Research sciences are in the midst of a revolution.
Clinical researchers are studying ways to regenerate lost limbs and replace malfunctioning organs. Genomics is leveraging big data to establish treatment protocols and therapies to correct disease-causing genetic defects, which are now in clinical trials. Even researchers and citizens are increasingly shaping the direction of research data, evidenced by the proliferation of wearable devices that help monitor and track one’s wellness, and patient journals that serve as possible data sources to navigate research directions. We don’t need to look very far to see traces of convergence science, as it pervades more and more of our lives.
In Convergence: The Future of Health, a June 2016 report produced by a blue-ribbon panel and chaired by three Massachusetts Institute of Technology (MIT) professors, the authors assert that the technologies driving these and other biomedical breakthroughs go well beyond healthcare. They impact food, energy, and the environment to improve the lives of millions—if not billions—of people. This revolution—which they termed “convergence”—is creating jobs, speeding products to market; improving agriculture, defense, the environment, and energy production.
The authors from this report contend that convergence comes as a result of the sharing of methods and ideas by chemists, physicists, computer scientists, engineers, mathematicians, and life scientists across multiple fields and industries.
Convergence is the integration of insights and approaches from historically distinct scientific and technological disciplines.
It is a broad effort across the sciences that will play a crucial role in many fields of endeavor. As noted above, it needs to be applied to help solve many of the world’s grand challenges.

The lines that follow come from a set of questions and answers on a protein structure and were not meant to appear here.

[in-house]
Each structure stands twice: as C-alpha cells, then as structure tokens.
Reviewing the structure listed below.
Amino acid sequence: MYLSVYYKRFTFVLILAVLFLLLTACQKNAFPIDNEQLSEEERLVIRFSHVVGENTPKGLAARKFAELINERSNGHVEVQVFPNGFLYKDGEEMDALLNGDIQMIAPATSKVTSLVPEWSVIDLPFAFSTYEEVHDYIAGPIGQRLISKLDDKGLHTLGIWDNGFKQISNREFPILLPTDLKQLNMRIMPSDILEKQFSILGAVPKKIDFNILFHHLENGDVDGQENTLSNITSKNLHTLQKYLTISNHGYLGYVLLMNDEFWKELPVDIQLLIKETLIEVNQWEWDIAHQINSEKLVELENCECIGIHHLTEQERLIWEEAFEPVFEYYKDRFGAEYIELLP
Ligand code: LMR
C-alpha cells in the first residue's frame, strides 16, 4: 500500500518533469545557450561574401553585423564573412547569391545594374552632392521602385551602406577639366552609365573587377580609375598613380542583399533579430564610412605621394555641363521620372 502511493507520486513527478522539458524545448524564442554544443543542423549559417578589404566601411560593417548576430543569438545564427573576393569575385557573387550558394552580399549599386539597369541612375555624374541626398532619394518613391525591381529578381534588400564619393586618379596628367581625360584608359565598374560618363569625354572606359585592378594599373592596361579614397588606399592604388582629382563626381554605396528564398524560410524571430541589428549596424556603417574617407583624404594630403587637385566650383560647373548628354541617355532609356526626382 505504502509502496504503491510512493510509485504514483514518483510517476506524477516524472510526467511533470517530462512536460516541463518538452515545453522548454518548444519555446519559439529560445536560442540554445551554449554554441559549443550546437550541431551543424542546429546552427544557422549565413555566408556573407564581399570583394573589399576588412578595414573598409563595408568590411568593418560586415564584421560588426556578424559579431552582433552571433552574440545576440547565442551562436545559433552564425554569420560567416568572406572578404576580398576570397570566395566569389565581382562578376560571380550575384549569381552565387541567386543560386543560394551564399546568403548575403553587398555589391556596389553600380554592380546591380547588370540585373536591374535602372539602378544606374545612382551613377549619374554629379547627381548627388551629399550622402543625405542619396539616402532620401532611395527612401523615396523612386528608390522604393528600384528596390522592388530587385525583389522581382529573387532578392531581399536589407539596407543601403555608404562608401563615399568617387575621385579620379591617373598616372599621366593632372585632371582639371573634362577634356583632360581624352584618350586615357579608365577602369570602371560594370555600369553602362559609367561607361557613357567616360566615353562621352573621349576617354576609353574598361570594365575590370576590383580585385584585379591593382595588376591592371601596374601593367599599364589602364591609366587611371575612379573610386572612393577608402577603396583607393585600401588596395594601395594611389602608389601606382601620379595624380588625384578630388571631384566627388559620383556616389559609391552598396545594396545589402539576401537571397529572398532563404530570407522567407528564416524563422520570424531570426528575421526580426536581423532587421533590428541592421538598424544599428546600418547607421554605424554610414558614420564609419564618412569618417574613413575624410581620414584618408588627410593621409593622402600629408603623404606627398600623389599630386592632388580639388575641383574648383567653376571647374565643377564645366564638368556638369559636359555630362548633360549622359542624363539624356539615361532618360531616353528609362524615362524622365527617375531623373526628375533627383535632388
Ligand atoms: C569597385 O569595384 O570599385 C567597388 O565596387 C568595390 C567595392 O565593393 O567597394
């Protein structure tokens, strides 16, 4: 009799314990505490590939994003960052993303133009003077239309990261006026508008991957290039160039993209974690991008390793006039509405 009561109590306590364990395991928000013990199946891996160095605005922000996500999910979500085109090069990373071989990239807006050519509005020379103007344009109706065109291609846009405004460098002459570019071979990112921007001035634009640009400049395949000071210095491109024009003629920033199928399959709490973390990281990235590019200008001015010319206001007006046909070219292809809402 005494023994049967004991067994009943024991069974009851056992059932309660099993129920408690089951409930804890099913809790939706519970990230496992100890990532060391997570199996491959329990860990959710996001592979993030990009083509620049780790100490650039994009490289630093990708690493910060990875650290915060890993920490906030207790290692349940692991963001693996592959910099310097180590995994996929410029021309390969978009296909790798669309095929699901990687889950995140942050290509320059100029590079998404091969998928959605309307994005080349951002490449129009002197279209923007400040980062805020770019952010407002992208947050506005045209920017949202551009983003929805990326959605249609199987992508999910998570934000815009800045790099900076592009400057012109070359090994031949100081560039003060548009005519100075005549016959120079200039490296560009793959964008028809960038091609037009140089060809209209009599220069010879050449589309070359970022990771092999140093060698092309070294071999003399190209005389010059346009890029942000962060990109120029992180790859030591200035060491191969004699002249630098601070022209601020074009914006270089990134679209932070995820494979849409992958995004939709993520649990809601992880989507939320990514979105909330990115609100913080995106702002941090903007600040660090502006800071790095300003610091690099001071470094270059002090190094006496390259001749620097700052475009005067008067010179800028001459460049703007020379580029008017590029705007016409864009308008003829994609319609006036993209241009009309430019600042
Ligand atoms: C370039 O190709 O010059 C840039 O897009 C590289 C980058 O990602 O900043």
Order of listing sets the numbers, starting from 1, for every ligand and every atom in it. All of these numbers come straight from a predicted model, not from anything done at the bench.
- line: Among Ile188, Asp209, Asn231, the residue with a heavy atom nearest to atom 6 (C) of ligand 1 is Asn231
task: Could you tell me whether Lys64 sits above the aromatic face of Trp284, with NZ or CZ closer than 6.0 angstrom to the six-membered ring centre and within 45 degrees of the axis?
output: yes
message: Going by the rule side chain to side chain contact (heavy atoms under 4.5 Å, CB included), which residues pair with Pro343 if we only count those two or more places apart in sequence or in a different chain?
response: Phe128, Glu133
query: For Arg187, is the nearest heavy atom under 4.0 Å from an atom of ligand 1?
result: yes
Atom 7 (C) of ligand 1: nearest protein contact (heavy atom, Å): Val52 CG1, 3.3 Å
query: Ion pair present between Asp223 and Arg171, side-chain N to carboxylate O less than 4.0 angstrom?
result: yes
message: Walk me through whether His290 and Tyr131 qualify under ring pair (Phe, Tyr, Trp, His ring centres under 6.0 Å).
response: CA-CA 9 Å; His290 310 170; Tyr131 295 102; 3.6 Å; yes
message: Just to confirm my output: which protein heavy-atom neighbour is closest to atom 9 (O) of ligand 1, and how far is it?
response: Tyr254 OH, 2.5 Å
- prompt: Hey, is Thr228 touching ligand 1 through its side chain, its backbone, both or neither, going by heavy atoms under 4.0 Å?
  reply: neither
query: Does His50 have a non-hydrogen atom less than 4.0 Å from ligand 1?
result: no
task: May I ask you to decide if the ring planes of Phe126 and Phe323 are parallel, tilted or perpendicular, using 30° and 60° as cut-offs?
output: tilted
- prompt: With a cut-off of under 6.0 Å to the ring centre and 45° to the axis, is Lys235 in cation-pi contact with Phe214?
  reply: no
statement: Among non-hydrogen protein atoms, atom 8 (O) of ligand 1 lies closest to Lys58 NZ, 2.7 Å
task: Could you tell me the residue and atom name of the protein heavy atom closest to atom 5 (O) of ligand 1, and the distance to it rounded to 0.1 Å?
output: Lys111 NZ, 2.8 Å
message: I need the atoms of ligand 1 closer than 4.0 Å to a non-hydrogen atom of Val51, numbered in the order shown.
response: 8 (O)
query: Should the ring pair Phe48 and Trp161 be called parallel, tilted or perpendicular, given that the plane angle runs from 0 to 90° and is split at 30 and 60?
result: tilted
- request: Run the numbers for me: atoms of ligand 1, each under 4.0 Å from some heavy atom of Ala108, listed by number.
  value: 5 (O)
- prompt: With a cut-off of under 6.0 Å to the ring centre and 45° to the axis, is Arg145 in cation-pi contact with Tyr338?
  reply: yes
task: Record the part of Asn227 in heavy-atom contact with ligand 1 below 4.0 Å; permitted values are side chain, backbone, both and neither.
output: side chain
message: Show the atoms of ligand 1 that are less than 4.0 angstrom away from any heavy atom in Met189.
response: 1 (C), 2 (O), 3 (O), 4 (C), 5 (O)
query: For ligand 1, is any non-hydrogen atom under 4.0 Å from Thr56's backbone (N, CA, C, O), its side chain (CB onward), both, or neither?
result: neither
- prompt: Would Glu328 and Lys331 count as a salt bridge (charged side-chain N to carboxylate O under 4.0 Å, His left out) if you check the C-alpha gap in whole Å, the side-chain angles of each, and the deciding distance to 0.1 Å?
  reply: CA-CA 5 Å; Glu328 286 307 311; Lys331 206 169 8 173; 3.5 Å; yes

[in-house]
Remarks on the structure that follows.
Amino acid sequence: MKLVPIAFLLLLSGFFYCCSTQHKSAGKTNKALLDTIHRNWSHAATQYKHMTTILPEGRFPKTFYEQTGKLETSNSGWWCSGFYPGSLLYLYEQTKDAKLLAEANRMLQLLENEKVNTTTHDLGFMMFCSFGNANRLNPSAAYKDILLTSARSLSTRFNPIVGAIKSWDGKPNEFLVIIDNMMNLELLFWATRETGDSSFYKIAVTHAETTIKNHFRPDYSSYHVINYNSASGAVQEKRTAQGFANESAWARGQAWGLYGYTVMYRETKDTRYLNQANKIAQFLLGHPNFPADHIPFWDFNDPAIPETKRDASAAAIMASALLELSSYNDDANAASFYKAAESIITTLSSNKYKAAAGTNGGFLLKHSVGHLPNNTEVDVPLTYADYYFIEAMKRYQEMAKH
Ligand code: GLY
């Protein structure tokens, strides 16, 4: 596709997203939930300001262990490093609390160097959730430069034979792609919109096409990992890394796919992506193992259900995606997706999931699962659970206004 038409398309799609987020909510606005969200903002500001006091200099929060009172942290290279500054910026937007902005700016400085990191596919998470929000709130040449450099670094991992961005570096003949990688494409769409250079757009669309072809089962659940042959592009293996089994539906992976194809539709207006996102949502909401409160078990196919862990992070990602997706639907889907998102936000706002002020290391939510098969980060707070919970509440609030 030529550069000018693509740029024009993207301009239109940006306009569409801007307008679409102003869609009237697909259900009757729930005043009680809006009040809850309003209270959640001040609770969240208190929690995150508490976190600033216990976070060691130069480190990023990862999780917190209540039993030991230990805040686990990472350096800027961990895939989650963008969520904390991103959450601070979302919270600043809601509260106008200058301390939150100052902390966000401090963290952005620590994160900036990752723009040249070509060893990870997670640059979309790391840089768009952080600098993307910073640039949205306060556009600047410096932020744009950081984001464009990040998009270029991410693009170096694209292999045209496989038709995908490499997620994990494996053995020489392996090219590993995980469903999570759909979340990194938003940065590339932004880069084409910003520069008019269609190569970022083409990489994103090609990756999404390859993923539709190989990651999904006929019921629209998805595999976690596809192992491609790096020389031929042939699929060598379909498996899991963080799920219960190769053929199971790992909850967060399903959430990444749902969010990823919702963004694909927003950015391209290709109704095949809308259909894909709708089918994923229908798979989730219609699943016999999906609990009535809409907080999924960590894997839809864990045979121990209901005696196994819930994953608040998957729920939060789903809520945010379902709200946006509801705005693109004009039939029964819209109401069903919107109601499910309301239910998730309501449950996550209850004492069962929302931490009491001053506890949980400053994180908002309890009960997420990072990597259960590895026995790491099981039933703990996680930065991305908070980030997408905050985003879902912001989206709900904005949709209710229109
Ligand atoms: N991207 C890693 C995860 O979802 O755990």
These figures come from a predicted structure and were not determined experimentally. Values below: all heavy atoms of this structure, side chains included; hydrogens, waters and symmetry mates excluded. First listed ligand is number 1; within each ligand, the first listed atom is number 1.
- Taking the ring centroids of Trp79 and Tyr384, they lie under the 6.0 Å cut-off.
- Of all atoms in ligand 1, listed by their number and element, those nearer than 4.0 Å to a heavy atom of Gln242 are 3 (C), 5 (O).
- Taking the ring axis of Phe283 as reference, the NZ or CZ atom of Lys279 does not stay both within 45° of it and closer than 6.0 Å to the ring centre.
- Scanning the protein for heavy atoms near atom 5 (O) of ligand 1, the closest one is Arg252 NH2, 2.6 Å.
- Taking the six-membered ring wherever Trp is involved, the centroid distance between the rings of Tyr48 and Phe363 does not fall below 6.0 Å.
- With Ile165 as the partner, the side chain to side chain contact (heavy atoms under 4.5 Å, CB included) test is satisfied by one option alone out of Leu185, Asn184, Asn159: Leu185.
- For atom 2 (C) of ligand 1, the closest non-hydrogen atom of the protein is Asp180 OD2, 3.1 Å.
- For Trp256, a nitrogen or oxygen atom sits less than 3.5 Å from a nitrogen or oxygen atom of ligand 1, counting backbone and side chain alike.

What stands to reason is that the computing processing power needed to run the complex research algorithms resulting from this convergence of scientific disciplines is the kind of provided by Compute Ontario’s consortia.
Organizations like the Centre for Advanced Computing, SHARCNET, SciNet and HPC4Health are available to support research including those emerging from convergence science approaches. Further, they have the expertise and knowledge of how to modify, shape and optimize research for high performance computing.
For example, Dr. Michael Brudno and Carl Virtanen are not only the Scientific and Associate Directors of HPC4Health, but are prominent researchers themselves. Established through a federal grant from the Canada Foundation for Innovation (CFI) and a provincial grant from the Ministry of Research and Innovation, the HPC4Health is ready to accept new member institutions. Institutions provide hardware to the HPC4Health, share operational costs, and in return have access to the cloud computing infrastructure to run their compute jobs in a secure setting that can flex up or down in scale based on workload. Compute Ontario organizations such as these are poised for the future of research.
Given the rapid proliferation of convergence science approaches, that future is now. Convergence approaches have influenced the formation of Compute Ontario’s five-year strategic plan and, as you’ll see announced here soon, Ontario’s strategy for advanced digital research.